People are taking the idea of Ohlala seriously, though. The startup just raised $1.7 million in seed funding, most of which was to cover the launch in the US. Among others, backers include the launch team behind Movie Pilot, a social network for movie fans.
So how is that US launch working out, now that we're four weeks in? It's going well, Poppenreiter says. Nearly 10,000 dates have taken place so far, or so she estimates: Ohlala hasn't yet implemented a payment system, so there's no way to confirm that a rendezvous took place. Of course, it's also possible that the going is good while things are free, and that guys looking for short-term connections might be less willing once cold, hard cash and personal banking details are involved. This is important, too, since, unlike other dating services that charge users to even use the platform -- say, with a subscription fee -- Ohlala will charge per date. No dates, no profit.
Another reason Ohlala keeps having to dismiss any suggestion that it's offering a way for men to meet women for paid sexual encounters is that we live in a world with so many free dating apps. Then there's the seductive Ohlala name -- oh, and that Poppenreiter already started an app very much for providing sexual services probably doesn't help. There's also the fact that prostitution is not legal in New York, and it wouldn't be the first time the words "You're only paying for my time; anything else that happens is between adults" were uttered. You only have to spend five minutes on Craigslist personal ads or Backpage to see this sort of code in action.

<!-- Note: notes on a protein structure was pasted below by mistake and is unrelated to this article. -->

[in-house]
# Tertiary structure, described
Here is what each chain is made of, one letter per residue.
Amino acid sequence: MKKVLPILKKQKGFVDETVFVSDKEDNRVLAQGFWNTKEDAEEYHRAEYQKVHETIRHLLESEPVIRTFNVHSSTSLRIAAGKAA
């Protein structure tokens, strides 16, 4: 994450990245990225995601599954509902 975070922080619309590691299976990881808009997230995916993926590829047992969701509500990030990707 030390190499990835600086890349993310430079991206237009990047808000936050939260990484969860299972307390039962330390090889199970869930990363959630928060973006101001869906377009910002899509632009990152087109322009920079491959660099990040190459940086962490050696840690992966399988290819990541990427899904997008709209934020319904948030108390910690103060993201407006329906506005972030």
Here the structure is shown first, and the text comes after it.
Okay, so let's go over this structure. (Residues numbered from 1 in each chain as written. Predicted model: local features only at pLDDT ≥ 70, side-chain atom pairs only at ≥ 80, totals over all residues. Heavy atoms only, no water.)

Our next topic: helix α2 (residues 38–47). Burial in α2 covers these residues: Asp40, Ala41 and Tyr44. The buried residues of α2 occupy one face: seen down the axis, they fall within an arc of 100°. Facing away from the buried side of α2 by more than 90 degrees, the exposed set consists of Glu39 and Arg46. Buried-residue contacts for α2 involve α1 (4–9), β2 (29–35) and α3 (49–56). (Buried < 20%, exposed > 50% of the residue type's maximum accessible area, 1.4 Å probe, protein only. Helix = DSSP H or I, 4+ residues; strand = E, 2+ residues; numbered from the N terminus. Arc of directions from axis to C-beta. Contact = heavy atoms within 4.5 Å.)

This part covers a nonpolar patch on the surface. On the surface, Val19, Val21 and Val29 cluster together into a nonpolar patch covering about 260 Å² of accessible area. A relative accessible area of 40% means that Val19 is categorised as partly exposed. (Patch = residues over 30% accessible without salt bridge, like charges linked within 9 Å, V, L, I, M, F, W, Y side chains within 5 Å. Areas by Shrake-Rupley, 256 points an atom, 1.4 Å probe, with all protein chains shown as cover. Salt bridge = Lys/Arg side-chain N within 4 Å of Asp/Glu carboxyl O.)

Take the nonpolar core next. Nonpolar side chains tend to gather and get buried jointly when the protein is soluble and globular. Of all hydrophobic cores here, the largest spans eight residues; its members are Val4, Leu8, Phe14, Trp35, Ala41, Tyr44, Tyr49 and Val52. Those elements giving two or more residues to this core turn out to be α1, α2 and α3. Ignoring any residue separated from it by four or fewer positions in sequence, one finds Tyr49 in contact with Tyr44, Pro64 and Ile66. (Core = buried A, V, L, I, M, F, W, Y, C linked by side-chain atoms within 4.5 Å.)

I asked Poppenreiter if Ohlala is simply an app-based approach to the same verbal code: offer a platform for "paid dating" and let users figure out the rest. Her response was the same one she's maintained throughout the interview (and any other interview you'll read). "How could I ever confirm if I don't know what's happening on a date?"
But, to some degree, Poppenreiter does know. At least when it comes to what has been discussed between dater and datee in the app, where Ohlala users state what they're after and set expectations. To make sure Ohlala stays in good standing with the law, and to make sure there's no other abuse (toward date providers, for example), Poppenreiter herself is monitoring those conversations -- or at least when there's cause for concern or when an issue is raised. No major issues have been flagged so far, though, she says.
The suggestion that people might use the app as a modern-day equivalent of personal ads seems to give Poppenreiter a moment of pause. Her next answer hints that she's eager to dismiss it with a related example, but it's one that surprises me. "I don't know if you've ever spoken to Travis [Kalanick, co-founder of Uber]. I don't know if he all the time gets the question 'So what is it that is happening in this Uber? Is the customer charging his phone? Is he drinking water?'" The suggestion being that Uber and Ohlala are both just platforms where the user is buying time with a service provider, and what happens after that is a private matter. The possible flaw in that logic being that no one (we hope) ever booked a taxi hoping for a blowjob.